Manila’s water concessionaires are ‘biggest polluters’ – DENR


Posted at Jul 07 2010 05:19 PM | Updated as of Jul 08 2010 01:19 AM

MANILA, Philippines - Two of Metro Manila's biggest water concessionaires are also its biggest polluters, Environment Secretary Ramon Paje said Wednesday.

In an interview with ANC’s Headstart, the government official said both Manila Water, Inc. and Manila Water Co., Inc. and Maynilad Services, Inc. failed to implement water treatment facilities within a fixed period of time as prescribed in the Clean Water Act of 2004.

Republic Act 9275 mandates the Metropolitan Waterworks and Sewerage System, through the east- and west-zone concessionaires, to provide water supply and sewerage facilities within 5 years from the implementation of the law.

Paje is apparently coming from the battle waged last year by his predecessor, former Environment Secretary Jose Atienza, Jr.

During the latter’s term, the Department of Environment and Natural Resources penalized the 3 parties a whopping P29.4 million for failing to comply with the law.

Paje said the two companies have a facility in place, but it has not been completed. He said waste-water is still being released, leading to the degradation of the Pasig River and Manila Bay.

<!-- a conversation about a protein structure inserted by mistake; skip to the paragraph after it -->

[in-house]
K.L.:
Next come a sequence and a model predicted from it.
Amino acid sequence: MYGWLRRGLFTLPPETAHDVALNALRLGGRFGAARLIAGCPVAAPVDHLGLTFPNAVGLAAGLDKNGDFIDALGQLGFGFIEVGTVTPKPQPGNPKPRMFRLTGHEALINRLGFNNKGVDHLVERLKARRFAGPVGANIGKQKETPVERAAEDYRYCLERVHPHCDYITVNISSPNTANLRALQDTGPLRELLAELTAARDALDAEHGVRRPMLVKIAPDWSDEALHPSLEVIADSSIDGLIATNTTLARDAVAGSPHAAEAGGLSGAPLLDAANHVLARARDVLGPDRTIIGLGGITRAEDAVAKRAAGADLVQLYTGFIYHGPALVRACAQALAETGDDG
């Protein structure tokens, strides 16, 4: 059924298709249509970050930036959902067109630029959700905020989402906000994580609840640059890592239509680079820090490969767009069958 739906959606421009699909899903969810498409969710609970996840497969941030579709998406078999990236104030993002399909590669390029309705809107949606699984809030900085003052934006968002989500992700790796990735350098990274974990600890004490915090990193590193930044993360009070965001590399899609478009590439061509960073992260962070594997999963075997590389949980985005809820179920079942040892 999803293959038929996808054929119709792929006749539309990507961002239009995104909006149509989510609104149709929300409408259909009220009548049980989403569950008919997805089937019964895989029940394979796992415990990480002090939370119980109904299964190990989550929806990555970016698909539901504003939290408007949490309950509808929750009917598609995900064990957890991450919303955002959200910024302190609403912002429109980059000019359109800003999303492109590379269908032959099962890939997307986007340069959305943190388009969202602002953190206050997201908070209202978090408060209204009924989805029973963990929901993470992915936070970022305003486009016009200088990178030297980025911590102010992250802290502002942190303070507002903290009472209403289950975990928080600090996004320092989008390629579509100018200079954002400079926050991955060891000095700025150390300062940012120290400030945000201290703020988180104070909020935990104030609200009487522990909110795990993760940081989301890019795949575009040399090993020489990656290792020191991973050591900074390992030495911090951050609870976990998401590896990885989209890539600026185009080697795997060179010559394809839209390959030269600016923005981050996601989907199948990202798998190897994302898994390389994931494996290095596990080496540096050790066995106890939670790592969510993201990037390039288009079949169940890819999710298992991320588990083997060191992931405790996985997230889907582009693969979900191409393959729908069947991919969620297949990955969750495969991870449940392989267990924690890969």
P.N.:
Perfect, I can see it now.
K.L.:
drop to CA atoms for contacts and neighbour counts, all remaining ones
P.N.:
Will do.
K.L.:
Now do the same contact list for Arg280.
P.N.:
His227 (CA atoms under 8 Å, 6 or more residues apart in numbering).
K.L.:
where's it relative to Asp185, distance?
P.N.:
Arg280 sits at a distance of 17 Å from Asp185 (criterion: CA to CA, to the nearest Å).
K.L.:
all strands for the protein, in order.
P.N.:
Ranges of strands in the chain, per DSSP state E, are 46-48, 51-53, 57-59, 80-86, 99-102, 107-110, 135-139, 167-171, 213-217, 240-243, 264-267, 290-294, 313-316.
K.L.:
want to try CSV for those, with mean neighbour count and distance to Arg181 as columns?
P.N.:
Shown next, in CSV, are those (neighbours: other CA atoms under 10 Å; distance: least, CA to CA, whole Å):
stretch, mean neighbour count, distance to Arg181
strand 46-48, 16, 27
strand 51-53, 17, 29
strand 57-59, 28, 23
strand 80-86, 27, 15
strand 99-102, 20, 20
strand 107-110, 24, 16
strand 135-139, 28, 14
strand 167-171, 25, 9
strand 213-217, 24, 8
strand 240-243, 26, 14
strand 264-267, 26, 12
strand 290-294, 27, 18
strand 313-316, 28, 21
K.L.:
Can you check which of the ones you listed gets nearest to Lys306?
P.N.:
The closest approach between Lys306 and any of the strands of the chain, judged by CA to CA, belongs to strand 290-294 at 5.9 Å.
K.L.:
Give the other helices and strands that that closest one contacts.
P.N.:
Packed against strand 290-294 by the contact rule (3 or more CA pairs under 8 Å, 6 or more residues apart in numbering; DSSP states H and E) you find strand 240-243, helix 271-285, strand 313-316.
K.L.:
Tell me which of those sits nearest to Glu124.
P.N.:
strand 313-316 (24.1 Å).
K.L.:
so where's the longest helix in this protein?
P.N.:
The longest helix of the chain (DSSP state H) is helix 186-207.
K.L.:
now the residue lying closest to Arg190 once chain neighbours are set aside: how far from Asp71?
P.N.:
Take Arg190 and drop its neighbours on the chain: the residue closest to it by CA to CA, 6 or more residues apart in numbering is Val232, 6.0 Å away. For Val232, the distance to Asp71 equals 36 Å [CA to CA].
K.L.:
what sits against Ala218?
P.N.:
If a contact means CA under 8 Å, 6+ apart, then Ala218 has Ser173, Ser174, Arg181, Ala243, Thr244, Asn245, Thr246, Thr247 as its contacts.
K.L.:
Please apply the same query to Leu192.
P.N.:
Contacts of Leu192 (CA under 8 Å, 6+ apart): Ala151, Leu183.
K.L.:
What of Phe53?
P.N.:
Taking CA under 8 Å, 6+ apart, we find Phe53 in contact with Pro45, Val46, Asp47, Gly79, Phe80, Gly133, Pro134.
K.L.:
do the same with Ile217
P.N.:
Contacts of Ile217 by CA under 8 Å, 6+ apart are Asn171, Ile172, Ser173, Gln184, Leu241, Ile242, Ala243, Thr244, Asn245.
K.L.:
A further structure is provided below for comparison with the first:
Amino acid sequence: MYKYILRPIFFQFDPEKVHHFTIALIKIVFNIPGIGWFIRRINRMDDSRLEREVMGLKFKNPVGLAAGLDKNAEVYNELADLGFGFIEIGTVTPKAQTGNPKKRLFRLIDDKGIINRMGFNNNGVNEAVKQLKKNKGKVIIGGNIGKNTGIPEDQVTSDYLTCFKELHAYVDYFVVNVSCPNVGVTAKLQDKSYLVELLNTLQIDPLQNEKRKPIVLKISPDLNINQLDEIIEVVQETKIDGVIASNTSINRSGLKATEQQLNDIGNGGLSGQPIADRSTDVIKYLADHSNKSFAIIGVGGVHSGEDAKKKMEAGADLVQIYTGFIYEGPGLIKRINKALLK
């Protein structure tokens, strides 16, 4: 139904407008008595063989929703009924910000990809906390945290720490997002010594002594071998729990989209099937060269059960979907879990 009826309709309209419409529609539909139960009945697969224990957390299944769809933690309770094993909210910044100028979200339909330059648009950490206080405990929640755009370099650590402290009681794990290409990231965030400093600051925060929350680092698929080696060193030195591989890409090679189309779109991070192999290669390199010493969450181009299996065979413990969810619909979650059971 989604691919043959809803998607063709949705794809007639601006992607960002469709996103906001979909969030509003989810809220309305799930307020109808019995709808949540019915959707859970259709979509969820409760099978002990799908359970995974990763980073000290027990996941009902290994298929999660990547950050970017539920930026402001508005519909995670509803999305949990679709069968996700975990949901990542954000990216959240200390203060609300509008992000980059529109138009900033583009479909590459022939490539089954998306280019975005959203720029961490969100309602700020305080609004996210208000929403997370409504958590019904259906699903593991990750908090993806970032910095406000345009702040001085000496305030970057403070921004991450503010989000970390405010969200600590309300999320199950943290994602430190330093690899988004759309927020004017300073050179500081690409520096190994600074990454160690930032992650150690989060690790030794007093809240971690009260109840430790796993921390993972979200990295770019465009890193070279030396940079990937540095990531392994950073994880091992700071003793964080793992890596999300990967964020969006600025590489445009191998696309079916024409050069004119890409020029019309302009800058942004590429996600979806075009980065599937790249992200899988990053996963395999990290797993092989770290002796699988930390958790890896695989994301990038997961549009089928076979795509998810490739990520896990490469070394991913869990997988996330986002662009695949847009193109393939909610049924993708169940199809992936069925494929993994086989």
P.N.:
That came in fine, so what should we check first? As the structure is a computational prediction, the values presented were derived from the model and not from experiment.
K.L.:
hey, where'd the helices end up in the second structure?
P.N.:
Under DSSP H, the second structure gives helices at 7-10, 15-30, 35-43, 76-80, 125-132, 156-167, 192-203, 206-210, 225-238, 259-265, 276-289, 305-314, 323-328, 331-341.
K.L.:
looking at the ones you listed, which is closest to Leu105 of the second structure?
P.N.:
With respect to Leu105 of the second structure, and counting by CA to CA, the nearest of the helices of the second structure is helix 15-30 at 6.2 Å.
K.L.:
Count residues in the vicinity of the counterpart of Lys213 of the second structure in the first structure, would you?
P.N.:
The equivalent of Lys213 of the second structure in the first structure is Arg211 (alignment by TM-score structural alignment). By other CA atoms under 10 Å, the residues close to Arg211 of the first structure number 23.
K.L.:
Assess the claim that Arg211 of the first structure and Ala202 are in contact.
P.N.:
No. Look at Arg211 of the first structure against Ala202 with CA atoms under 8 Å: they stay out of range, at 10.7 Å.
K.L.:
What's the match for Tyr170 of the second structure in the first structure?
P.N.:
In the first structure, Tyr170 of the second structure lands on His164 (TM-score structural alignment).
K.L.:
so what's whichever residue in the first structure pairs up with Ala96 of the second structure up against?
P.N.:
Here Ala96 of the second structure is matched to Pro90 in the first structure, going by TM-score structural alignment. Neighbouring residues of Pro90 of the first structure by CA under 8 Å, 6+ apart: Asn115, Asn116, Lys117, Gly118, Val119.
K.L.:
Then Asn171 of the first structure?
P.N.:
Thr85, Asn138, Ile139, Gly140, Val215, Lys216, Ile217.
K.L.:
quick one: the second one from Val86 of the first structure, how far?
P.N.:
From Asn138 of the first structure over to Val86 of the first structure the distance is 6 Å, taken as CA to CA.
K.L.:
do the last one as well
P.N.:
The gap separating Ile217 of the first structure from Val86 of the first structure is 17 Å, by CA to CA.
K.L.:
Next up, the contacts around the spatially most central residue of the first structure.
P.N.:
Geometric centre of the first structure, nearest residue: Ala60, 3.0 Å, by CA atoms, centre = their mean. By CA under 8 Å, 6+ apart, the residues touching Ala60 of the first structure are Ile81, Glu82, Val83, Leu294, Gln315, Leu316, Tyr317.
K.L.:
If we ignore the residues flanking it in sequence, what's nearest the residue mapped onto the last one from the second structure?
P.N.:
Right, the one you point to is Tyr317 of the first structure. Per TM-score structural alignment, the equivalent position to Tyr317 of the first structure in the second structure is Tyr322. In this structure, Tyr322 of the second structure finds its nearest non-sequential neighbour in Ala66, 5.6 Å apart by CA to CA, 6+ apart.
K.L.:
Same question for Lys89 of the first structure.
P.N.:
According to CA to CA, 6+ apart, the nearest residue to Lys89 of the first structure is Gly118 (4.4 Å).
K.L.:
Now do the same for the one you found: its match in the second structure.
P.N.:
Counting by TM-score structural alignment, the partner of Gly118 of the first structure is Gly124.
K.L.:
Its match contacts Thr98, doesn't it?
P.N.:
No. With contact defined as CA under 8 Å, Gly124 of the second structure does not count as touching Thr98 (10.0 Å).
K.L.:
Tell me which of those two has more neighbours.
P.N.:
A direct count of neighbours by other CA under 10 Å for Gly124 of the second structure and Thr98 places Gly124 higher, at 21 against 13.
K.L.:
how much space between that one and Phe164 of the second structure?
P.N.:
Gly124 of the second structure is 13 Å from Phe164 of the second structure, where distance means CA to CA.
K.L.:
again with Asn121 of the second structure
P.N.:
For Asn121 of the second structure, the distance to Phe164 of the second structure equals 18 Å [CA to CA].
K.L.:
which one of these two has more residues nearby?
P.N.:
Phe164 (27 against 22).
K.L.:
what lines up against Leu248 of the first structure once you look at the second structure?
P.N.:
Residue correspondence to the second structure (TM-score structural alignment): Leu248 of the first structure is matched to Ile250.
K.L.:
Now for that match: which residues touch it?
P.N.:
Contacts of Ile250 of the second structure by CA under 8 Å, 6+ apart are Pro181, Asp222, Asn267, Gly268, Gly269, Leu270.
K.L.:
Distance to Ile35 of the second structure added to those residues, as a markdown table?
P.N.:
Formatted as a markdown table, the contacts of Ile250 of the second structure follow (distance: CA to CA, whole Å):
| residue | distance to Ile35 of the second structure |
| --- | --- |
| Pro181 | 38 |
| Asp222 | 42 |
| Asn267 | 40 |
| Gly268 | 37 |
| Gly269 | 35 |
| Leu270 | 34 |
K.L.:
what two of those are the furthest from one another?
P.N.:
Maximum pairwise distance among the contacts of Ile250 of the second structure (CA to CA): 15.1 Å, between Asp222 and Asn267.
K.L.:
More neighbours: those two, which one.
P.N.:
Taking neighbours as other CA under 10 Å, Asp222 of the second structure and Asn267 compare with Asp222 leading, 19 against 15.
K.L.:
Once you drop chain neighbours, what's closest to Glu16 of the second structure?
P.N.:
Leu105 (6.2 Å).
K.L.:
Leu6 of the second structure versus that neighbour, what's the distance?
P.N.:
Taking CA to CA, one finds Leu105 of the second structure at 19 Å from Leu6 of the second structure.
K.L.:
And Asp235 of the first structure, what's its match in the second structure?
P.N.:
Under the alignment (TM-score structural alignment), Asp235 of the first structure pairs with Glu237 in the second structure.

The case is now before the Supreme Court.

12% “sewered”?

Paje also revealed that only 12% of Metro Manila has a sewerage system in place. “This means, kapag dumumi ka, it will end up in Pasig River and Manila Bay,” he said.

This is even a smaller percentage compared to Kathmandu in Nepal, he added.

He noted the execution of an effective sewerage system is the job of both concessionaires.

“They frontloaded water [programs]…which is good. But I do not accept that, they should also frontload at the same time the sewerage system,” he said.

In a phone interview, Manila Water corporate communications chief Jeric Sevilla however noted that the firm’s concession area is already 16% covered as of 2009.

By the end of this year, the coverage will be up to 30%. Manila Water serves nearly 6 million people in 23 cities and municipalities.

 “We have to remember that when Manila Water took over, the sewered area is only 3%,” he said.

He said now that 99% of the area has access to potable water, Manila Water can now focus on water treatment facilities.

Community service

Paje, who rose from the ranks, is also targeting other polluters, both big and small, by imposing the penalty of community service.

He said he is now in talks with local government officials to have them pass individual legislations requiring community service against polluters.

“This is being done in many countries. In fact, in Singapore, it was very successful. It’s harsher, they will publish your picture on the front page of a newspaper,” he said.

He laments not much has been done to control air pollution. He noted some motorists even bribe private emission testing centers (PETCs) to have their vehicles registered even without undergoing actual testing.